1992

(April) After a dispute with then-NIH director Bernadine Healy over patenting partial genes, Watson resigns as head of NCHGR.

(June) Venter leaves NIH to set up The Institute for Genomic Research (TIGR), a nonprofit in Rockville, Maryland. William Haseltine heads its sister company, Human Genome Sciences, to commercialize TIGR products.

(July) Britain's Wellcome Trust enters the HGP with $95 million.

(September) Mel Simon of Caltech and colleagues develop BACs for cloning (PNAS).

(October) U.S. and French teams complete the first physical maps of chromosomes: David Page of the Whitehead Institute and colleagues (pictured) map the Y chromosome (Science); Daniel Cohen of the Centre d'Etude du Polymorphisme Humain (CEPH) and Généthon and colleagues map chromosome 21 (Nature).

(December) After lengthy debate, NIH and DOE release guidelines on sharing data and resources, encouraging rapid sharing and enabling researchers to keep data private for 6 months.

U.S. and French teams complete genetic maps of mouse and human: mouse, average marker spacing 4.3 cM, Eric Lander and colleagues at Whitehead (Genetics, June); human, average marker spacing 5 cM, Jean Weissenbach and colleagues at CEPH (Nature, October).

1993

(April) Francis Collins of the University of Michigan is named director of NCHGR.

(October) NIH and DOE publish a revised plan for 1993–98. The goals include sequencing 80 Mb of DNA by the end of 1998 and completing the human genome by 2005.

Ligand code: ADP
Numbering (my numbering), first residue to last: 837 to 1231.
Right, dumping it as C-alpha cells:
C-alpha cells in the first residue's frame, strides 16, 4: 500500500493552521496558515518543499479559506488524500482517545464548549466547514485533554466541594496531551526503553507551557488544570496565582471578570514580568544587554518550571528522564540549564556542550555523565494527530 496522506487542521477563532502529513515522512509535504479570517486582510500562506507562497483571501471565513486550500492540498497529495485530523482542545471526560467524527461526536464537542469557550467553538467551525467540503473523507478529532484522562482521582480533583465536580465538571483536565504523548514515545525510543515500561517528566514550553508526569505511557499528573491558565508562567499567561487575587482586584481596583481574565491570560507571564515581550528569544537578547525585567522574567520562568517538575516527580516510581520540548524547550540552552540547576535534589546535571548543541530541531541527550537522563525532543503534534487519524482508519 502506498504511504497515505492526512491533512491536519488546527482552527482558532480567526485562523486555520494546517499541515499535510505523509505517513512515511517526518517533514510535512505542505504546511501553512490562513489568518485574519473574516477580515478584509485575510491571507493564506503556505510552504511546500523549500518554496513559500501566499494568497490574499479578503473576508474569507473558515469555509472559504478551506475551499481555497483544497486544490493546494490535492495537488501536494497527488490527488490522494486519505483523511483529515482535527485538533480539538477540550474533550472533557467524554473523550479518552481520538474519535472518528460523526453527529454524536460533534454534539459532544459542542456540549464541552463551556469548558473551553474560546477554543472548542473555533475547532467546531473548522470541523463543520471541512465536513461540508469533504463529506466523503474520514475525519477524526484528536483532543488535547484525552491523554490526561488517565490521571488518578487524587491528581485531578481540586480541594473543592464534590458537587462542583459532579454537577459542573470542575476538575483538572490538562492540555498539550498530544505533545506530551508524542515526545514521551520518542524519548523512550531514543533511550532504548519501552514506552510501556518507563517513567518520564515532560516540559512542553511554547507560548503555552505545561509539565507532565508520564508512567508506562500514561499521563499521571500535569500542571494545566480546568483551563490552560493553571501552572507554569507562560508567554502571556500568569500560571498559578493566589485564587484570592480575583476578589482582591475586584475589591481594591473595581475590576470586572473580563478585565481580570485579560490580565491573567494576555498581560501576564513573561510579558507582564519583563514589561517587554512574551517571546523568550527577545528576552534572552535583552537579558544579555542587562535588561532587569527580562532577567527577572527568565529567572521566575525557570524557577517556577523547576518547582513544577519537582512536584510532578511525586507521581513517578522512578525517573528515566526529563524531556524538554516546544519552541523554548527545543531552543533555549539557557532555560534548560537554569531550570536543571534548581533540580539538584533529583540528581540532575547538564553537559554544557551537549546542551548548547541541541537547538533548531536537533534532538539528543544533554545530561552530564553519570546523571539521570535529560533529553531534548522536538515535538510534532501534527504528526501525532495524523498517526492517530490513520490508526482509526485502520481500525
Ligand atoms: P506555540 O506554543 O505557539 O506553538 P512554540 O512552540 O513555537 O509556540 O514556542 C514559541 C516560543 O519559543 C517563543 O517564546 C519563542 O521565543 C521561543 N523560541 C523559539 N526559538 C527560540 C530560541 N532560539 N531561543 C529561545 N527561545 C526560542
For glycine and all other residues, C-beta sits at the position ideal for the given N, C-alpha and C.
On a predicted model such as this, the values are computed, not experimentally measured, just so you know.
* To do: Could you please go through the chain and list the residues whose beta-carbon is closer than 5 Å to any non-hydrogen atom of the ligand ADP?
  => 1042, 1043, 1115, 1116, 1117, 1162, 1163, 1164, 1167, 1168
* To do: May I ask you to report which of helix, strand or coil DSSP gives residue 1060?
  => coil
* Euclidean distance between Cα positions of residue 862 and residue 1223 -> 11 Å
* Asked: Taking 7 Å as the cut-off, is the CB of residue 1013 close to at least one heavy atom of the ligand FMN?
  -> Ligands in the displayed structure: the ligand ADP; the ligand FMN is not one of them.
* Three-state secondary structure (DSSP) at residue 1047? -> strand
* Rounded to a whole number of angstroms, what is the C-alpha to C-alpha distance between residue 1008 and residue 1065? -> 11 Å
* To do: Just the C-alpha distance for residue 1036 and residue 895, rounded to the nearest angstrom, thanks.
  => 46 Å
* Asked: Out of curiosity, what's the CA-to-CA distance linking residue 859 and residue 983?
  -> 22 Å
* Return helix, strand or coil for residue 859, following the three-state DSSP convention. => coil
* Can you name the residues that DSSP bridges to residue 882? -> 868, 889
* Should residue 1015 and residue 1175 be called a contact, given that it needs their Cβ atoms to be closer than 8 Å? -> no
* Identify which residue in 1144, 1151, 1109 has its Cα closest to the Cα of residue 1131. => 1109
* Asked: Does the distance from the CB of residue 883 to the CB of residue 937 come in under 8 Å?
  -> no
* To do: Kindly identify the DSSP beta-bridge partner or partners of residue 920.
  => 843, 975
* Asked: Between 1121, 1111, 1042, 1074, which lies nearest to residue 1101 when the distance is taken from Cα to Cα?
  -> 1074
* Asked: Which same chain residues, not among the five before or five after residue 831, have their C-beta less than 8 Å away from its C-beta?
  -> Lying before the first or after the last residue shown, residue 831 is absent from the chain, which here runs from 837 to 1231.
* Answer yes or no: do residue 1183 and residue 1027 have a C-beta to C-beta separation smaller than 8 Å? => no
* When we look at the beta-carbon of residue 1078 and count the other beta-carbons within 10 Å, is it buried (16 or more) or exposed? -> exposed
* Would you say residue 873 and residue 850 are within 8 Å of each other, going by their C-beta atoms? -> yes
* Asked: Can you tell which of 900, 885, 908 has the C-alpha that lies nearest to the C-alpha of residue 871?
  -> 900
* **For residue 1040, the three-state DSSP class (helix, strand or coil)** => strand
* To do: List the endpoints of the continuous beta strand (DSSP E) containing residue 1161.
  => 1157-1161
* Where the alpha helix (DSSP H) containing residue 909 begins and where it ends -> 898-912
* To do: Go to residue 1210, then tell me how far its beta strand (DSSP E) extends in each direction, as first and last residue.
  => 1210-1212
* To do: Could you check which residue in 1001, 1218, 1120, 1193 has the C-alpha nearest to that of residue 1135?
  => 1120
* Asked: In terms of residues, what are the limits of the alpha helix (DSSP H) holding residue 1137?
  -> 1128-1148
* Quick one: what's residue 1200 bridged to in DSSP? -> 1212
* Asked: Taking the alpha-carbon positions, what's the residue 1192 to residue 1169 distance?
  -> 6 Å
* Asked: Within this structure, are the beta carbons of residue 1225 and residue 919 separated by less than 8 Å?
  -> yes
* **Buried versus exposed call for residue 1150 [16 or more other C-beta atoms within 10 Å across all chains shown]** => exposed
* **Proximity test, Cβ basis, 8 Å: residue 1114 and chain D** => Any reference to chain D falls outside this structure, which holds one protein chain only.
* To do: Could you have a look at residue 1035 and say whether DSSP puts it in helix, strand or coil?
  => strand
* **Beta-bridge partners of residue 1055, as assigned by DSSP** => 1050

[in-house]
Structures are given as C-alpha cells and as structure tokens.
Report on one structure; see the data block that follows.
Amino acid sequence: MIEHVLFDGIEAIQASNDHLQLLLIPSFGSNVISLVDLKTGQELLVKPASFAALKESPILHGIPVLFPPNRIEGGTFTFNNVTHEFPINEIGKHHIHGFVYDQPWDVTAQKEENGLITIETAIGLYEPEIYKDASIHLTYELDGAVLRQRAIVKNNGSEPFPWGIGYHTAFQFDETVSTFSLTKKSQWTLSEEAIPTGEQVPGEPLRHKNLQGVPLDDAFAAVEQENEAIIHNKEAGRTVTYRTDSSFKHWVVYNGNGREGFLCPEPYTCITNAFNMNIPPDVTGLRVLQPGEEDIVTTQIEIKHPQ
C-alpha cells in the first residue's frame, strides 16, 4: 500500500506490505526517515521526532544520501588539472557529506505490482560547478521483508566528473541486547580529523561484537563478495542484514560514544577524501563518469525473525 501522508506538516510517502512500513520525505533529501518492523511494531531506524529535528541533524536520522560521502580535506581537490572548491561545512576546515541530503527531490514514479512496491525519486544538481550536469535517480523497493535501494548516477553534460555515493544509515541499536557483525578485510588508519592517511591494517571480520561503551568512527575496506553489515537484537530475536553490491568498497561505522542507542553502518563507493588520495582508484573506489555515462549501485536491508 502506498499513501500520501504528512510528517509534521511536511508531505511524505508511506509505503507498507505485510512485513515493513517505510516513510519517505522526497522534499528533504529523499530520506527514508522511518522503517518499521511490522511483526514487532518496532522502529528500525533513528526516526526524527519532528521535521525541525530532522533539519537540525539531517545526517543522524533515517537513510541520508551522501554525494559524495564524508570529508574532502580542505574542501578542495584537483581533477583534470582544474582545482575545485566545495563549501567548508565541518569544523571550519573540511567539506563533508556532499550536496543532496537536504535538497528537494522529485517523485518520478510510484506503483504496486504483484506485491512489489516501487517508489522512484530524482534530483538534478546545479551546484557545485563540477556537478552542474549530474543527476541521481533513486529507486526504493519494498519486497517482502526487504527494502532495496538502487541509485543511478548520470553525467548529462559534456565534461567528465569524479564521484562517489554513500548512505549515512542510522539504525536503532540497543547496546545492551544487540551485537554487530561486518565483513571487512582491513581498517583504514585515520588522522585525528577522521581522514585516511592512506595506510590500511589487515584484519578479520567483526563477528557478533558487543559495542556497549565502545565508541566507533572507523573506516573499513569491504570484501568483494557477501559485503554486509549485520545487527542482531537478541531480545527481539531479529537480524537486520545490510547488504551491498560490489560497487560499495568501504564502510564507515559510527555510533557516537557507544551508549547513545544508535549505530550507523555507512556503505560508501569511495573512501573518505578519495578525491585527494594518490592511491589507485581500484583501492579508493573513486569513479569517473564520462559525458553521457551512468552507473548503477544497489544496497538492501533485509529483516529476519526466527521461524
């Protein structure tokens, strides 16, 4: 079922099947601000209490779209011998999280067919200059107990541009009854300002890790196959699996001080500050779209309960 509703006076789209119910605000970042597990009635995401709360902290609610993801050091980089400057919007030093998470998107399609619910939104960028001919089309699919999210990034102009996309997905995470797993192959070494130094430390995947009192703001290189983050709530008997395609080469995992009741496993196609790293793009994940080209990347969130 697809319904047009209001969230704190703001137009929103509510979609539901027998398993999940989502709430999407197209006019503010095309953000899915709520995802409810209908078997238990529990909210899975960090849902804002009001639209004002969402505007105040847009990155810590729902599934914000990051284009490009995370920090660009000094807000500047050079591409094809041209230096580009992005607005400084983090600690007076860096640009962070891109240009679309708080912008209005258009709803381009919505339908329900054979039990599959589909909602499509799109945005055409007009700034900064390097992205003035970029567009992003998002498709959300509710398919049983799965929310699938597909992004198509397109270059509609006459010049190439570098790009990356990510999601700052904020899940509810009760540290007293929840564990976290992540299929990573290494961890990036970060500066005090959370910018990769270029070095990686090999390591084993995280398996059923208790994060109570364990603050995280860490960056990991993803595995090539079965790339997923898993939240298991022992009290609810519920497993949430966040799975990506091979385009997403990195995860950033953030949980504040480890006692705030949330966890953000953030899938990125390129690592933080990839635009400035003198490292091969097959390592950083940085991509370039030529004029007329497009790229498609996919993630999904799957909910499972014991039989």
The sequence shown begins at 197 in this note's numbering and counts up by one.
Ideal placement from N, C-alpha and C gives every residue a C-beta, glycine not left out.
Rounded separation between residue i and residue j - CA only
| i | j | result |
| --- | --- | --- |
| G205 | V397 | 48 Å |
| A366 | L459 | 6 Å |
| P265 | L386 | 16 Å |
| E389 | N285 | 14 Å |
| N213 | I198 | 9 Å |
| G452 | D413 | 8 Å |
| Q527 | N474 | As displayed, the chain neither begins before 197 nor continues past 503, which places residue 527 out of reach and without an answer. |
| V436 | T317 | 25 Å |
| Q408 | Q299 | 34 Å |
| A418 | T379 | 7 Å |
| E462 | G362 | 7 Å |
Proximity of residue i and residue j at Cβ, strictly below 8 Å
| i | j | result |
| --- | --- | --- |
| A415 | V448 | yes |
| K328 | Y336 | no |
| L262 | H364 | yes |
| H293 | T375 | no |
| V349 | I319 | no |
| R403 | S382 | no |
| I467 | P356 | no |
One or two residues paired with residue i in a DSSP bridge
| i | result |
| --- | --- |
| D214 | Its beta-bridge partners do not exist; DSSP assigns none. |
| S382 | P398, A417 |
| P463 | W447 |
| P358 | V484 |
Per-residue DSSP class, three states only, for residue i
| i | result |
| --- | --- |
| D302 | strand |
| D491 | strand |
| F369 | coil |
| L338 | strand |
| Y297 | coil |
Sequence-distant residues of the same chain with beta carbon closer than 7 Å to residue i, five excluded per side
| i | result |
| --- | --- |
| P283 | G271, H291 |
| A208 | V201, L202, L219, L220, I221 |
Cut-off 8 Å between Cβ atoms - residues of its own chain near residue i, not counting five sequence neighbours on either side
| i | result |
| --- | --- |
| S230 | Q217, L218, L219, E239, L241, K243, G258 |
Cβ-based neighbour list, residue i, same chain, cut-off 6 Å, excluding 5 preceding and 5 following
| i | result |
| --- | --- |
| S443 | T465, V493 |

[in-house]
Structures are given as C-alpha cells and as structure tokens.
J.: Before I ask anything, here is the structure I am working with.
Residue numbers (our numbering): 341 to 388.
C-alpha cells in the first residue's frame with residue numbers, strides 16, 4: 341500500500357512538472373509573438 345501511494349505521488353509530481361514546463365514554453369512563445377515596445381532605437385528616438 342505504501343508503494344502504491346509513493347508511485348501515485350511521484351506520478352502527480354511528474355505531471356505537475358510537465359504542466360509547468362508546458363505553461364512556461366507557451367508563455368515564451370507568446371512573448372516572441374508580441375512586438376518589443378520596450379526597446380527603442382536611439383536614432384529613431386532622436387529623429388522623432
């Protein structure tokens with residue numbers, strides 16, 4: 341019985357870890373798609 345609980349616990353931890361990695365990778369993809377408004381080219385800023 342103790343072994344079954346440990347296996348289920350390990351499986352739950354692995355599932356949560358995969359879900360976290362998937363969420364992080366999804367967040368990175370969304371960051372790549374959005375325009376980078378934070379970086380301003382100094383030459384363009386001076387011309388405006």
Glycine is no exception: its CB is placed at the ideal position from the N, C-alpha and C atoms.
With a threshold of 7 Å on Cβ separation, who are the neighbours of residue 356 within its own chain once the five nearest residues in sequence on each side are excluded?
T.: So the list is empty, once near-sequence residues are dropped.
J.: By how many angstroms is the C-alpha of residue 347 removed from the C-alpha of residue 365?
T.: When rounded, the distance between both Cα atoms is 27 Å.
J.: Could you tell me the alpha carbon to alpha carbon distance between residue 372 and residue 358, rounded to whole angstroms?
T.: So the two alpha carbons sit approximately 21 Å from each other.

(October) The Wellcome Trust and MRC open the Sanger Centre at Hinxton Hall, south of Cambridge, U.K. Led by John Sulston (pictured), the center becomes one of the major sequencing labs in the international consortium.

(October) The GenBank database officially moves from Los Alamos to NCBI, ending NIH's and DOE's tussle over control.

1994

(September) Jeffrey Murray of the University of Iowa, Cohen of Généthon, and colleagues publish a complete genetic linkage map of the human genome, with an average marker spacing of 0.7 cM (Science).

1995

(May to August) Richard Mathies and colleagues at UC Berkeley and Amersham develop improved sequencing dyes (PNAS, May); Michael Reeve and Carl Fuller at Amersham develop thermostable polymerase (Nature, August).

(July) Venter and Claire Fraser of TIGR and Hamilton Smith of Johns Hopkins publish the first sequence of a free-living organism, Haemophilus influenzae, 1.8 Mb (Science).

(September) The Japanese government funds several sequencing groups for a total of $15.9 million over 5 years: Tokai University, University of Tokyo, and Keio University.

(October) Patrick Brown of Stanford and colleagues publish first paper using a printed glass microarray of complementary DNA (cDNA) probes (Science).

(December) Researchers at Whitehead and Généthon (led by Lander and Thomas Hudson at Whitehead) publish a physical map of the human genome containing 15,000 markers (Science).

1996

(February) At a meeting in Bermuda funded by the Wellcome Trust, international HGP partners agree to release sequence data into public databases within 24 hours.

(April) NIH funds six groups to attempt large-scale sequencing of the human genome.

(April) Affymetrix makes DNA chips commercially available.

(September) DOE initiates six pilot projects, funded at $5 million total, to sequence the ends of BAC clones.

(October) An international consortium publicly releases the complete genome sequence of the yeast S. cerevisiae (Science).

(November) Yoshihide Hayashizaki's group at RIKEN completes the first set of full-length mouse cDNAs.

1997